Ballmer: Apple's Mac growth is a "rounding error"

Microsoft's CEO Steve Ballmer is a man who's not afraid to talk down his competitors. When Apple initially released the iPhone, he stated that it had no chance of gaining a significant market share. Now, when speaking to a group of market analysts, he has said that the growth that the Cupertino company is seeing with their Mac product range can be attributed to a rounding error.

Whilst he was at the 2009 Financial Analyst Meeting, Ballmer said, "Share versus Apple, you know, we think we may have ticked up a little tick, but when you get right down to it, it's a rounding error. Apple's share change, plus or minus from ours, they took a little share a couple quarters, we took share back a couple quarters." He then added, "Apple's share globally cost us nothing. Now, hopefully, we will take share back from Apple, but you know, Apple still only sells about 10 million PCs, so it is a limited opportunity." Ballmer noticed that, in the crowd of the meeting, there was a large proportion of Apple computers. He noted, "I can see the Apple logos versus the PC logos. So we have more work to do, more work to do. Our share is lower in this audience than the average audience. But don't hide it. I've already counted them. I have been doing that since we started talking."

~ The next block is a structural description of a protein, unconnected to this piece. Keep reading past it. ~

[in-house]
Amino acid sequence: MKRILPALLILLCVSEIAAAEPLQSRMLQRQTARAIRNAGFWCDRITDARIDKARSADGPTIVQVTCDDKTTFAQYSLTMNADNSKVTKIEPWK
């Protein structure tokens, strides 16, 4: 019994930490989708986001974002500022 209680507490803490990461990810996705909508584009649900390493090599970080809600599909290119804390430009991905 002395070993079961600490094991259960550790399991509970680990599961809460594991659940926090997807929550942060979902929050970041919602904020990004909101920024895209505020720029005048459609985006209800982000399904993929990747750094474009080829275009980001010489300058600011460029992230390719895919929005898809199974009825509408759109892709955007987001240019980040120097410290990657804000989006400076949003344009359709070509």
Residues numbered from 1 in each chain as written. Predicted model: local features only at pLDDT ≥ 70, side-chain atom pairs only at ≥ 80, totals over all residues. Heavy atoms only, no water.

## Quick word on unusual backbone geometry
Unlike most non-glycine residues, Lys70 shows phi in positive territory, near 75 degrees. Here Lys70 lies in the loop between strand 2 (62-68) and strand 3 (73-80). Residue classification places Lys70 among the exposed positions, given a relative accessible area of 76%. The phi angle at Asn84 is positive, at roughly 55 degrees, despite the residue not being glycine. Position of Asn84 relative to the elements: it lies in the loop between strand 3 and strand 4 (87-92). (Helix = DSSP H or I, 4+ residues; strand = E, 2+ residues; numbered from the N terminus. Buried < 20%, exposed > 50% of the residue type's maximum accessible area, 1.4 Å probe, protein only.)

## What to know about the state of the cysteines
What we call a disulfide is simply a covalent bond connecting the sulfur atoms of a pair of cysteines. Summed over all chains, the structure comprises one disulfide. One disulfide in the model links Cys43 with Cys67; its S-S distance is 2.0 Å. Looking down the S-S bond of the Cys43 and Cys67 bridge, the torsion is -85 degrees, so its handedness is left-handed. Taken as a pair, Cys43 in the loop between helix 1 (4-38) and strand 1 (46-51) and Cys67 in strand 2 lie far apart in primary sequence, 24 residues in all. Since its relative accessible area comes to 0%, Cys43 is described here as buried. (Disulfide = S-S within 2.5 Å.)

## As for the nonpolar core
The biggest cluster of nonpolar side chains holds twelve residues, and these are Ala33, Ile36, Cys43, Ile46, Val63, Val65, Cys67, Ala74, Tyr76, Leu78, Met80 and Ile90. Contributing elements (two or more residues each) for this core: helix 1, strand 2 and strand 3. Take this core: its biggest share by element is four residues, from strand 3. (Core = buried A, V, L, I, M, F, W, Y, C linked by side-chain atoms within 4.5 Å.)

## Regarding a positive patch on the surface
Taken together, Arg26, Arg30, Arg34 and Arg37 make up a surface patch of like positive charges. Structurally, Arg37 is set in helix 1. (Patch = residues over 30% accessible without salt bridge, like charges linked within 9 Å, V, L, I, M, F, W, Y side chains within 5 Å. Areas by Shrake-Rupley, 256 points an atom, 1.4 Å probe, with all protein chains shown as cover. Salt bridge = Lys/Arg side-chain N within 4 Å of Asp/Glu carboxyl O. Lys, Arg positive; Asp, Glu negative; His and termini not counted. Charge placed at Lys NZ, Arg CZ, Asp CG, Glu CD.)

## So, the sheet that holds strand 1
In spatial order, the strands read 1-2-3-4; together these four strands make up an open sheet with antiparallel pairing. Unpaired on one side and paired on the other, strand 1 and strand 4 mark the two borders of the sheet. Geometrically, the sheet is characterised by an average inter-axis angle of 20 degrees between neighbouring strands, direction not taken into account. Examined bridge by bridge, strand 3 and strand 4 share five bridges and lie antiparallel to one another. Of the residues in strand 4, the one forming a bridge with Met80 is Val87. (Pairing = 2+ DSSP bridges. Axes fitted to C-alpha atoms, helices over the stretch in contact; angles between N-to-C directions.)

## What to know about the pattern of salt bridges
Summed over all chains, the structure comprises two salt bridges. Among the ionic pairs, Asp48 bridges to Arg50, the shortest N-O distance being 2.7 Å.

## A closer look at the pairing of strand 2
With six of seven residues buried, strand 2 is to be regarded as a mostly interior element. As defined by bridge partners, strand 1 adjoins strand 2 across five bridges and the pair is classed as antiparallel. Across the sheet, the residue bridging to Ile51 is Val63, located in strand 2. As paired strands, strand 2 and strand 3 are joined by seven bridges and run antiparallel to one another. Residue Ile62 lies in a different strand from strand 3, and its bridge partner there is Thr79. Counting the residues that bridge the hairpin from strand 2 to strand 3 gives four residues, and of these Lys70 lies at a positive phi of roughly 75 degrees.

He did note that Apple is known for their higher quality machines that PCs usually are, saying, "At least when Apple attacks us, the primary attack that comes from Apple is, 'Hey, at the end of the day, we have the coolest hardware.' When you see the hardware, the PC designs that will come out this Christmas with Windows 7, I think that conventional wisdom can begin to really change. There is some really amazing, amazing work. So it is possible to get great hardware innovation, even when hardware and software comes from separate companies."

Ballmer describes Windows as falling in between OS X and Linux to get what consumers want; a product that's not too cheap, and not too expensive. About Apple, in this regard, he said, "We do not, say, like Apple, believe in low volume, very high prices, very -- Apple is a great company, does a fine job. But their model says high margin, high quality, high price. That's kind of how they come to market. We say we want big market share. But with big market share, you take a lower price."

Lastly, AppleInsider added on Ballmer's thoughts about Microsoft's 'Laptop Hunters' advertisement range, saying, "And are the ads working? In an independent survey, we asked 18- to 24-year-olds—or they were asked, 'Who offers the best value, Apple or Microsoft?' You can kind of see Apple was comfortably ahead despite the fact they — well, despite whatever the facts are. Our ads started in April of '09. You can see kind of what the perception changes have been so far."

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